Letters to the Editor

Letters: Feb. 5, 2019

Clean up needed for Hansen Park

I visited Hansen Park on Columbia Center Boulevard to go for a walk with my dog. I was appalled by what I saw. I couldn’t step off the paved path without having to evade dog feces. Lots of dog feces! It’s not that difficult to carry dog potty bags, pick up their feces and then deposit it in the trash. There are trash cans throughout the park. Please pick up after your dogs so the rest of us can enjoy the grass in the park.

Theresa Mercer, Kennewick

First take care of our own citizens

Has anyone stopped to think about the billions of taxpayer dollars spent taking care of unaccompanied minors and adult illegal aliens coming into our country?

With the numerous sanctuary cities around the country, how do we know who is getting taxpayer-funded benefits. I believe that we are obligated to our citizens and those in the country legally. Think what our country could accomplish if our hard-earned taxpayer dollars were spent on improving inner city schools, finding solutions for the homeless problem, dealing with mental health and other issues that our country faces.

Now before you think I’m a mean heartless person, I understand why they come here and am very grateful that I was born in such a great country, but we can’t support the whole world. We are a very giving nation and help people across the world but should take care of our own countrymen first.

Karen Hughes, Richland

Allowing PFD to function sensible

Concerning the cities of Pasco, Kennewick and Richland and the Tri-Cities Regional Public Facilities District (TCRPFD).

Back in 2010, the three cities signed a joint resolution to form the TCRPFD. The TCRPFD still exists, but it is very much a non-functioning entity.

In last year’s legislative session there were two bills that were presented to the state Legislature for consideration. One bill was designed to fix the problems with the TCRPFD, and the other was designed to torpedo it by effectively stripping it of its ability to levy an area-wide voter approved sales tax. So which measure did the cities have their lobbyists support? Was it the one consistent with the joint resolution, or the one that was counter to the joint resolution? If you thought there would be consistency with the joint resolution, you would be wrong.

I strongly favor the cities work to change the state law to fix the TC Regional PFD and suggest that they extend the date that the cities commit to the joint resolution so that they cannot withdraw from the agreement without cause. Further, that they work to resolve the issues that have prevented the TC Regional PFD from functioning.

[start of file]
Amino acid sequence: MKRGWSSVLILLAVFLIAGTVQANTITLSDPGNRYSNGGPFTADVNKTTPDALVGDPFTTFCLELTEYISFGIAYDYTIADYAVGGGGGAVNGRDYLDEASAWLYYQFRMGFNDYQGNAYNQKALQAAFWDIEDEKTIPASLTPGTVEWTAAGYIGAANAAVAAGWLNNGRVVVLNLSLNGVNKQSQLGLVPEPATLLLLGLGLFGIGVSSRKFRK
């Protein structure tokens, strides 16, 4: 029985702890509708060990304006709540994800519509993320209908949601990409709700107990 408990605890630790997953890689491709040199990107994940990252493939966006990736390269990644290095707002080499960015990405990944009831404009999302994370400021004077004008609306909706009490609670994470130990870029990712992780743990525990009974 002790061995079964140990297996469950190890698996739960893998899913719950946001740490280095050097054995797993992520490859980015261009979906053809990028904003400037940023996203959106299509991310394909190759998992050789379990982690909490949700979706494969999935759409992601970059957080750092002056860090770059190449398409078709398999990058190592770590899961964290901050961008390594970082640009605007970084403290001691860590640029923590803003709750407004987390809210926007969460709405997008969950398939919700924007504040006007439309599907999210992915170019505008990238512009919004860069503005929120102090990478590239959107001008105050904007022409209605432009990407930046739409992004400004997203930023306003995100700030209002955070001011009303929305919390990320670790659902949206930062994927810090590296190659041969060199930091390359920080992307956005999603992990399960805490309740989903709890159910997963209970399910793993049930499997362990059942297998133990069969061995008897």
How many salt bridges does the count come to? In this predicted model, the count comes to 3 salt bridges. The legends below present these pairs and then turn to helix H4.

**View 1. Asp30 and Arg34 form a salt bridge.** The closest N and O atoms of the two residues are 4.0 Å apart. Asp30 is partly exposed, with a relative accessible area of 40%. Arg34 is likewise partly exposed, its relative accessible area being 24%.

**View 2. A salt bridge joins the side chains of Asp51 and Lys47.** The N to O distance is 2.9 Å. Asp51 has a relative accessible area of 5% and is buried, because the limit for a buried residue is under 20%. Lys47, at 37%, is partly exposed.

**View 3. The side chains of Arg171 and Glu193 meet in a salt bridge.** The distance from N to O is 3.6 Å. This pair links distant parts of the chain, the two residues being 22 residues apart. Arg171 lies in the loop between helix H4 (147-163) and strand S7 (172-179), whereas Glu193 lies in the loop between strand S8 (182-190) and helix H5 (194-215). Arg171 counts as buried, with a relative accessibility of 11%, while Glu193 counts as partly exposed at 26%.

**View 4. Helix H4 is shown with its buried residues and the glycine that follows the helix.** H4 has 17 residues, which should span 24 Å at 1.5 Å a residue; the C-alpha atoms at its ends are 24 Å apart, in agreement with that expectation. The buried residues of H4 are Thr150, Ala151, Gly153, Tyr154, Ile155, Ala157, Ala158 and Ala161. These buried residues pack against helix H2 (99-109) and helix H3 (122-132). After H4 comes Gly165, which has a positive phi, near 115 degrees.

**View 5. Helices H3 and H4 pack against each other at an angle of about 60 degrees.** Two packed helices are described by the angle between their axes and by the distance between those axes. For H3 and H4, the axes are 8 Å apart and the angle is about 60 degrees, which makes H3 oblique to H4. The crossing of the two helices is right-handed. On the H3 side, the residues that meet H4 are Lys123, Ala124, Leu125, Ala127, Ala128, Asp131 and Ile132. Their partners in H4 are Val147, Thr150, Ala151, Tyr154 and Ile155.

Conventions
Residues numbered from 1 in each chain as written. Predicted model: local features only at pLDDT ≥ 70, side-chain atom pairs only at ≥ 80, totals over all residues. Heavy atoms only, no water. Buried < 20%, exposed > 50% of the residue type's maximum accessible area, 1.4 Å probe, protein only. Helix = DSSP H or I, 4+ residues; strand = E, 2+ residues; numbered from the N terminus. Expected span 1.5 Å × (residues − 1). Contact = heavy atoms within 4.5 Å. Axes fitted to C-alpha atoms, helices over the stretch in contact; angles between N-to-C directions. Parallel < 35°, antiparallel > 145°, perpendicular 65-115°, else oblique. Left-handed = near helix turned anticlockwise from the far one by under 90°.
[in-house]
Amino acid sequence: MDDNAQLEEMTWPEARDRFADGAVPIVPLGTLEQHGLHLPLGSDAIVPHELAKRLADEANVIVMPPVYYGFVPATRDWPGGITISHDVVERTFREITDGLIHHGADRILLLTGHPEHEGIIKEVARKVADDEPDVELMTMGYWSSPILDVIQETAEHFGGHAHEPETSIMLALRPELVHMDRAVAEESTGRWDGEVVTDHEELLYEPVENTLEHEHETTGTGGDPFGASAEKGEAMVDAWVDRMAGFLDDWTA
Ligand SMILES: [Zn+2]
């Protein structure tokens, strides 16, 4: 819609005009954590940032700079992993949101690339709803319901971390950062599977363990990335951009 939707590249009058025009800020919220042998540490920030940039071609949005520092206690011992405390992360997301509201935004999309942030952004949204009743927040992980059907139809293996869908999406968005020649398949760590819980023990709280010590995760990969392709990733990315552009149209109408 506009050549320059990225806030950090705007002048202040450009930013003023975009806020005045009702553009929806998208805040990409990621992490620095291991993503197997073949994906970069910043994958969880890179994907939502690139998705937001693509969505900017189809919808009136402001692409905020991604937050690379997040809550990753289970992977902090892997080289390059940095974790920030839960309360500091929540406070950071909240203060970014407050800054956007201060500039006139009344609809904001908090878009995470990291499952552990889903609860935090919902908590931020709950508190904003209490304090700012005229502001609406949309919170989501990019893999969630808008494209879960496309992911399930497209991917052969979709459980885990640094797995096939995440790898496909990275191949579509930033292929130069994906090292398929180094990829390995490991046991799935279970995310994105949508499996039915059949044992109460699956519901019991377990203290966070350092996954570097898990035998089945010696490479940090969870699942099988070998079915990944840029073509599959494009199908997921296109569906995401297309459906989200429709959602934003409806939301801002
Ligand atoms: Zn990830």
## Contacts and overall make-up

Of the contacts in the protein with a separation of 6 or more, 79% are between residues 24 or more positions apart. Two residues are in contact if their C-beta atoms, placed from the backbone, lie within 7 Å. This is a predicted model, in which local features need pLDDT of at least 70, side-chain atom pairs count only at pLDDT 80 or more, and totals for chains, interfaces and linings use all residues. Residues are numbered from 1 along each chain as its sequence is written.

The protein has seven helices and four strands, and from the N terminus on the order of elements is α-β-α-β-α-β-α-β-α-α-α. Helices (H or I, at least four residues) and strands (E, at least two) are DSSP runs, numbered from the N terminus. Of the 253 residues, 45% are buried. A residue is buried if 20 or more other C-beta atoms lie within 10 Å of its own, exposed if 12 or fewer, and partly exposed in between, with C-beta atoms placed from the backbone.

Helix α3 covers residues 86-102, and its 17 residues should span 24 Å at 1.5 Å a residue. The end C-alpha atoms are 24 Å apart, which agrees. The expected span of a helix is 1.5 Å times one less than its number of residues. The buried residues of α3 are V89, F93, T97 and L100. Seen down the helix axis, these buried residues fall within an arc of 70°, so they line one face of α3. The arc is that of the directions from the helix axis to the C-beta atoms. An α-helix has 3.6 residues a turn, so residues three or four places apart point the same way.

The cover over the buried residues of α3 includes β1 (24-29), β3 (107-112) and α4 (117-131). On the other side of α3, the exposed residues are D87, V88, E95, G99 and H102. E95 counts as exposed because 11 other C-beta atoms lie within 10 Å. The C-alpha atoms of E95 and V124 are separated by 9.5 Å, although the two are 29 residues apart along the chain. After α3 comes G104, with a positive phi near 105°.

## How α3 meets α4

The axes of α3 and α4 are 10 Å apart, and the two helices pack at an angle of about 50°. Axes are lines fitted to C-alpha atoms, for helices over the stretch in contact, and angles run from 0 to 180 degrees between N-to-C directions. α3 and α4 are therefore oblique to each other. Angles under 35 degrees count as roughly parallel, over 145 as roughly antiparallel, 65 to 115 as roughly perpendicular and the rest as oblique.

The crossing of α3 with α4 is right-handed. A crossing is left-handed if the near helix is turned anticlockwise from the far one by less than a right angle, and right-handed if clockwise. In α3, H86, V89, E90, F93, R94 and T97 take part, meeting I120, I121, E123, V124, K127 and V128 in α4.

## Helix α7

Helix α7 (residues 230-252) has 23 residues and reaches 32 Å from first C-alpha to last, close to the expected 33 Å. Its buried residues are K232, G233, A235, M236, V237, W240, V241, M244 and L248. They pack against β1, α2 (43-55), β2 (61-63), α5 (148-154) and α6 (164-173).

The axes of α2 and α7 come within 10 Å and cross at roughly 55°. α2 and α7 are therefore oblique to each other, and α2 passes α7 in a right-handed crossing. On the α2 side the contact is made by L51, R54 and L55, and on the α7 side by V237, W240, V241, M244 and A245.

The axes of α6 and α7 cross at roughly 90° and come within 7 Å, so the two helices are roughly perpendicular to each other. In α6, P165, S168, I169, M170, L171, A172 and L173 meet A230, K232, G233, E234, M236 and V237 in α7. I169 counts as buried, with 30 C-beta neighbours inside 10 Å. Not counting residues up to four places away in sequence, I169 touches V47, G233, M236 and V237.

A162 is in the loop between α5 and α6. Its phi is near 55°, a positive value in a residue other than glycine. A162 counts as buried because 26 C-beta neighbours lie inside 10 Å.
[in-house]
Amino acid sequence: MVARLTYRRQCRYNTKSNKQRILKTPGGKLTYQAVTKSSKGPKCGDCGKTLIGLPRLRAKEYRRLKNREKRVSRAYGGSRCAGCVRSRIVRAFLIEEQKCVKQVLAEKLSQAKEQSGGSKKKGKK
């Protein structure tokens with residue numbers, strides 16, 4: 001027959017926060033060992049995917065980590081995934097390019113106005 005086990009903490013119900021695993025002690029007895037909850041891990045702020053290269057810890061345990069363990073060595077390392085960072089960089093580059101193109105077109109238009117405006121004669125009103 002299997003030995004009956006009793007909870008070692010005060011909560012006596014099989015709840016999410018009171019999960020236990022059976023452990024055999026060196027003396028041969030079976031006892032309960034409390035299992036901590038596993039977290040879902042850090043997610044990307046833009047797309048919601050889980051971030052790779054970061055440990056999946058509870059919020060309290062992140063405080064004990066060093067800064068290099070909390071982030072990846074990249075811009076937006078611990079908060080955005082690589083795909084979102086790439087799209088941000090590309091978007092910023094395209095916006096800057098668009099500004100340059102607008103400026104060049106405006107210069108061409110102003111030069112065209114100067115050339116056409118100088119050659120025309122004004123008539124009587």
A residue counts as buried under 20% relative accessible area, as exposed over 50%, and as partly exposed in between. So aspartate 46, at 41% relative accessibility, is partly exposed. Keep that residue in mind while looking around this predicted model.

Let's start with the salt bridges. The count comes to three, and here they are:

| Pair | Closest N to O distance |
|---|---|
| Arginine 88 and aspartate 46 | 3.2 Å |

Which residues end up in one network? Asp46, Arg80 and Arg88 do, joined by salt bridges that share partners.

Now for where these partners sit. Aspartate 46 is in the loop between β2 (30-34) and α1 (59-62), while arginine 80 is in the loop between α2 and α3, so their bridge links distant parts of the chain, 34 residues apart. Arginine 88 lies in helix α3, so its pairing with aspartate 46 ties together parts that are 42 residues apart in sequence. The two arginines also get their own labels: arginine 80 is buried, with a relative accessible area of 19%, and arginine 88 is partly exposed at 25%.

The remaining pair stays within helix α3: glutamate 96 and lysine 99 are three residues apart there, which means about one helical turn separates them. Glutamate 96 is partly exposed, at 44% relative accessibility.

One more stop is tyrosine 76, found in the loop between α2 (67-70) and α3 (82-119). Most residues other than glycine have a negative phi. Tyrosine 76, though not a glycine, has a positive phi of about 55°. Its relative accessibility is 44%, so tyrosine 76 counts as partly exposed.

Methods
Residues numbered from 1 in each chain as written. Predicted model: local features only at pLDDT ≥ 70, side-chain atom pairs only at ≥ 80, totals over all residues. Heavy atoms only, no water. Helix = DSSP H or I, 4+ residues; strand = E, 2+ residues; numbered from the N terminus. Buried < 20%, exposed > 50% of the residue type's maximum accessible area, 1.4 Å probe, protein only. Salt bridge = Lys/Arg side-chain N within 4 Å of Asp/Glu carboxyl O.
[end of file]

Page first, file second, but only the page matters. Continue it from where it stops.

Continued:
Victor Epperly, Kennewick

Congress to blame for national debt

The Herald recently published opinion columns by Mark Mansperger and John Kasich concerning the exploding national debt. Both recognized the alarming nature of the situation (as should we all).

Mansperger, however, incorrectly attributed financial mismanagement solely to the Republican presidents, when the Constitution places spending responsibility on the Congress. If you’re looking for blame, your first stop is the House of Representatives, not the White House. And the Congress is often controlled by the president’s opposition. This is how we get shutdowns.

Mansperger’s solution is to tax us like they do in Europe. There, combined income and value added taxes can be more than 50 percent for middle class families. Europeans are tired of it, and people there are asking how they are supposed to live when taxes are taking so much of what they’ve worked so hard to earn.

This is why the addition of a new fuel tax has caused such terrible riots in France. The “Yellow Jacket” movement has been motivated by rising fuel prices and the high cost of living. French working and middle class people believe that the national tax burden is falling disproportionately on them. How will that kind of taxation go over here?

David H. Brown, Richland

Kennewick school bond necessary

Kennewick’s current schools are unable to both reduce class size (mandated by the state) and accommodate the added student population in its current buildings. As its schools age, they either need updating (for code changes, innovative programs and state law changes) or replacing. Fortunately, the Kennewick School District has a 10-year, long-range plan for this growth and updating. That plan calls for new wings of classrooms at all three of the high schools to meet the state’s new science requirement. Kennewick High School is next on the plan with an almost total replacement to update its aging structure. Amistad Elementary is currently involved in adding a new wing of classrooms with the other wing to follow. Ridgeview Elementary will need either a massive facelift or replacement.

These changes are part of the school district’s 10-year plan and will be paid for by the proposed bond issue. We are proud and thankful for the progress and improvements from past bonds which this bond replaces - and at a lower rate. Kennewick has been prudent.

We are enthusiastic supporters of our schools and school district. Please join us in voting to approve this bond issue to continue these vital upgrades for our kids in Kennewick. They deserve it.

Larry and Peggy Gregory, Kennewick

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